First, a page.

Date of Award

1995

Degree Type

Thesis

Degree Name

Bachelor of Science Honours

Faculty

Faculty of Science, Technology and Engineering

First Advisor

Dr Ian Bennett

Abstract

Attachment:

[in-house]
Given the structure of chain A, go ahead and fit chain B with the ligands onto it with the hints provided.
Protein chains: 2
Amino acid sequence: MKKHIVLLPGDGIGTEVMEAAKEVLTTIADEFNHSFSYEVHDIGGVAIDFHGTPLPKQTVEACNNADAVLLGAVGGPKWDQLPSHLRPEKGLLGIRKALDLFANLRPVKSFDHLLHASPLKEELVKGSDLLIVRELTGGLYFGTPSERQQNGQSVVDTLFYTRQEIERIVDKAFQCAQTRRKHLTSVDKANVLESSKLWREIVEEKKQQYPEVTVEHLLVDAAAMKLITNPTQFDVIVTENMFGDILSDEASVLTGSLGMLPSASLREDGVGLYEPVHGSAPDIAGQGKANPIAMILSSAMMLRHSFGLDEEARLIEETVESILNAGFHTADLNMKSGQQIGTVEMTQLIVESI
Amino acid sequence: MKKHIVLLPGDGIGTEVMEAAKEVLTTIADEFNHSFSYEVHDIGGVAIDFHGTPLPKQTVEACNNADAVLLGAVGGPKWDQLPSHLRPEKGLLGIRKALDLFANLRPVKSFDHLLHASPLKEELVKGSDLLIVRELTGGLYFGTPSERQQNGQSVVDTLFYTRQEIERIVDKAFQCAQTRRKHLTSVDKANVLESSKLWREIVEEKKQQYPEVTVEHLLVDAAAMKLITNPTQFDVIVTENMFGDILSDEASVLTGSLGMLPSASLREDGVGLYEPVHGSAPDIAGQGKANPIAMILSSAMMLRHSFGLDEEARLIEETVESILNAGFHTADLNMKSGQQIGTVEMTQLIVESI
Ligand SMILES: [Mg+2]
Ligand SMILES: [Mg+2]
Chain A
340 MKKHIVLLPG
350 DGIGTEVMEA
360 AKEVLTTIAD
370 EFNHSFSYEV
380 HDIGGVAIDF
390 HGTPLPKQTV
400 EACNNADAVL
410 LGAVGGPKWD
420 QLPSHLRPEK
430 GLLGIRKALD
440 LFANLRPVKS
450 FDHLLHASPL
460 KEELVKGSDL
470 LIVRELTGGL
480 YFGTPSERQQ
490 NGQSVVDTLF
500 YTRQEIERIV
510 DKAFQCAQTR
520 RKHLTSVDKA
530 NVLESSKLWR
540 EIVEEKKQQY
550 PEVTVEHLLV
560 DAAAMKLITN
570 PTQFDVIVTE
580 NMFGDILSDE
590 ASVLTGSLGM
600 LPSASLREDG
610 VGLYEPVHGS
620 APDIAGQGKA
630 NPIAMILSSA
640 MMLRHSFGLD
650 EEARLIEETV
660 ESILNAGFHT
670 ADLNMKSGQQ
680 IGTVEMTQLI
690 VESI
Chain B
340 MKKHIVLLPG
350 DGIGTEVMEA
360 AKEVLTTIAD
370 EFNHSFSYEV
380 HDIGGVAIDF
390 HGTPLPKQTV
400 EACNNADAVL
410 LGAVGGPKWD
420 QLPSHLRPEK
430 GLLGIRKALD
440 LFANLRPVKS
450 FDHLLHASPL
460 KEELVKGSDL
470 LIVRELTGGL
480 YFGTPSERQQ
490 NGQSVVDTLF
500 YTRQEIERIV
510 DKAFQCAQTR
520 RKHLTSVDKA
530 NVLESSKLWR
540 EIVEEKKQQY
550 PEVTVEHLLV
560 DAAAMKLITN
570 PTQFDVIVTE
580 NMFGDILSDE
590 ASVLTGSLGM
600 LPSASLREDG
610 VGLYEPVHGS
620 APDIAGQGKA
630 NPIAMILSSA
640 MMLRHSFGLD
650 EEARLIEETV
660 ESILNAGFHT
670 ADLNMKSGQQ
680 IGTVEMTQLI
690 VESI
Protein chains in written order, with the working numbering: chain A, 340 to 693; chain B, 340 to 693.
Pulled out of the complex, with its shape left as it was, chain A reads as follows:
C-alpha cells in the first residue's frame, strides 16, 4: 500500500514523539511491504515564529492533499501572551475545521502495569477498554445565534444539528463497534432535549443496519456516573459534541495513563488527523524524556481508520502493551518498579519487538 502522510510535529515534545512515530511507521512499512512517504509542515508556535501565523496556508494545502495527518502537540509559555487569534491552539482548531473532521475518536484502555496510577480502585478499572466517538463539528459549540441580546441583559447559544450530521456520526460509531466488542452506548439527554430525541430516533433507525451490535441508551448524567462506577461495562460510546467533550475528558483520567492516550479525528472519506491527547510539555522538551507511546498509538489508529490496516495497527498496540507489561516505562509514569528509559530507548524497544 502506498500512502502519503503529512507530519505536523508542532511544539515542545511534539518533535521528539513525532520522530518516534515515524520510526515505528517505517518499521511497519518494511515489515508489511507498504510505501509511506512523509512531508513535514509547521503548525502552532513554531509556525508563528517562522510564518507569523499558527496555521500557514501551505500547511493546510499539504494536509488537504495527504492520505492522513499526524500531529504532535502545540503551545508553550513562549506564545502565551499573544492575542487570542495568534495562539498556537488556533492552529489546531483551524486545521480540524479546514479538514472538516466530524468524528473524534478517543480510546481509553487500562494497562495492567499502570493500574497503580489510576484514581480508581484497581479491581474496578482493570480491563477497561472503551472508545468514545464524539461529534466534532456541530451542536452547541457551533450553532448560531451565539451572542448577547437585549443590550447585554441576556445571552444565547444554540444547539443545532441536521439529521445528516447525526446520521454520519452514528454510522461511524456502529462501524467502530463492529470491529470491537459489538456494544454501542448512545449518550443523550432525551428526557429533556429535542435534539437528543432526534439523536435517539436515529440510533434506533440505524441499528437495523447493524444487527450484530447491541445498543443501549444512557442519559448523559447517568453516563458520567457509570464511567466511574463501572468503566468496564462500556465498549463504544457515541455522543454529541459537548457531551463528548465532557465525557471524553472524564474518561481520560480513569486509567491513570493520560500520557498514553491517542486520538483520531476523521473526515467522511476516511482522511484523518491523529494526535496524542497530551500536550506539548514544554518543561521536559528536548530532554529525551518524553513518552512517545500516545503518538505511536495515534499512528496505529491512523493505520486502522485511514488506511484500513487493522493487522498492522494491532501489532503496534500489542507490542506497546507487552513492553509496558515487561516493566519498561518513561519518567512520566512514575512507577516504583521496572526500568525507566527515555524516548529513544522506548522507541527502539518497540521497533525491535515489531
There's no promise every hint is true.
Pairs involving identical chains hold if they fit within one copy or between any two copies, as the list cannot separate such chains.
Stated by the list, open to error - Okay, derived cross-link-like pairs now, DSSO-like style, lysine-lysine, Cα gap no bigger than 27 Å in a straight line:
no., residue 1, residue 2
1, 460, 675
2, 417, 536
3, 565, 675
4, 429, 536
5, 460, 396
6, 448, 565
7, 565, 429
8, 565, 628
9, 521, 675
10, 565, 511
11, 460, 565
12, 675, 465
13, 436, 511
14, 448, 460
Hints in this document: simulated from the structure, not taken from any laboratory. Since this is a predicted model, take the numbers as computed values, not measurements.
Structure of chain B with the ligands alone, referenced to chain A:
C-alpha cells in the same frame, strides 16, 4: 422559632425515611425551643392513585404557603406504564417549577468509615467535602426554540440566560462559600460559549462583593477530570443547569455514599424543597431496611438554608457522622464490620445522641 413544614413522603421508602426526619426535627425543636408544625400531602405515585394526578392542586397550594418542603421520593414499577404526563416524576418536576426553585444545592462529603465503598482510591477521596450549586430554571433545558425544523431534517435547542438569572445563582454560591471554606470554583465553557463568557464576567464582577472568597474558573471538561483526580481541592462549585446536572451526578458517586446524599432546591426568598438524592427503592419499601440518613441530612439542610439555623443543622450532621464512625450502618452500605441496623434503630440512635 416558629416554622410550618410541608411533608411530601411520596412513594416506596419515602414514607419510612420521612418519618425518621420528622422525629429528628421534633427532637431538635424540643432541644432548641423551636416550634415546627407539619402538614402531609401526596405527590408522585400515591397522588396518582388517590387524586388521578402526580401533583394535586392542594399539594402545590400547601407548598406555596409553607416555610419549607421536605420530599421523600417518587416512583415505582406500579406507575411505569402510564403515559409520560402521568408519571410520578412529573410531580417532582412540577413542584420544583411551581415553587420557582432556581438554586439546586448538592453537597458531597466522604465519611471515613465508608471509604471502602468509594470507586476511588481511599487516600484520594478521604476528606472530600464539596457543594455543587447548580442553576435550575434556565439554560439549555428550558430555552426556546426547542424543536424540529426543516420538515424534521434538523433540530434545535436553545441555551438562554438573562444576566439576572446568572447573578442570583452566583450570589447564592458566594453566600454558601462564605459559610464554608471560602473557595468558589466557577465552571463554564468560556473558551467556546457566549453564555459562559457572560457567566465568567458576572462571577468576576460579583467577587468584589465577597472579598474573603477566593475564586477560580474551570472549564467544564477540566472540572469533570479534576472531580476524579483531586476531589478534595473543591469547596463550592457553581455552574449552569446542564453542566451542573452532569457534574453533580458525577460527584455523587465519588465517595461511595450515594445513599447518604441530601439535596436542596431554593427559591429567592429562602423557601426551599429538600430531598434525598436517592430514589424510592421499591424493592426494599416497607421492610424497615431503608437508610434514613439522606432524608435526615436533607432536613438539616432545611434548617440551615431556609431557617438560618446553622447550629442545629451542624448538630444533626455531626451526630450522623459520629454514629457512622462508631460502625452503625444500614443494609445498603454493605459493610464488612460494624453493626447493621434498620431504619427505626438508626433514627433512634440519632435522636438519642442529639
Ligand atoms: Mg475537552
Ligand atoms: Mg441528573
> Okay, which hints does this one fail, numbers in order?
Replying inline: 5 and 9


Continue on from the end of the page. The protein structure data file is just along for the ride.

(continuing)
Each year approximately 20 million hectares of land become affected by increasing salinity. Salt tolerant plants are being used to rehabilitate salt affected areas. Plants use a variety of mechanisms to adapt to salt in their environments. Glycophytes tolerate low to moderate levels of salt while halophytes can tolerate very high salt levels. Many basic physiological attributes have been suggested as important components of a salt tolerant phenotype. These include, influx and/or efflux of ions across plasma membrane and the tonoplast, modification of membrane composition and synthesis of compatible solutes such as soluble carbohydrates, glycine betaines and proline. The project aimed to determine if proline could be used as an indicator for salt tolerance. To do this, experiments were set up in the glasshouse and in tissue culture to investigate the response to salt of whole plant, plant tissues and cells. The accumulation of proline, fresh weight, dry weight and water content were determined for A. nummularia, A. slipitata and F. irregularis. Shoot cultures of two clones of A. nummularia (ANU 001 and 101), A. stipilata (AST 001 and 002) and F. irregularis (FAN 001 and 102) and three clones of A. nummularia (ANU 001, 301 and 302) callus were grown on media containing different levels of salt in vitro. Three clones of A. nummularia (ANU 001, 301 and 302) and F. irregularis (FRAN 001, 102 and 203) were grown various levels of salt in a glasshouse. The proline concentration and productivity was different for all species' shoot cultures and there were differences between clones of A. nummularia and F. irregularis. The proline concentration of callus cultures increased with increasing salt, while the fresh weight decreased but there was no difference between clones. In the glasshouse, the clones of A. nummularia were not significantly different in proline concentration but accumulated high proline at control and high levels of salt. F. irregularis clones responded in a similar way. Further investigation is required to determine how this may reflect variation in salt tolerance.

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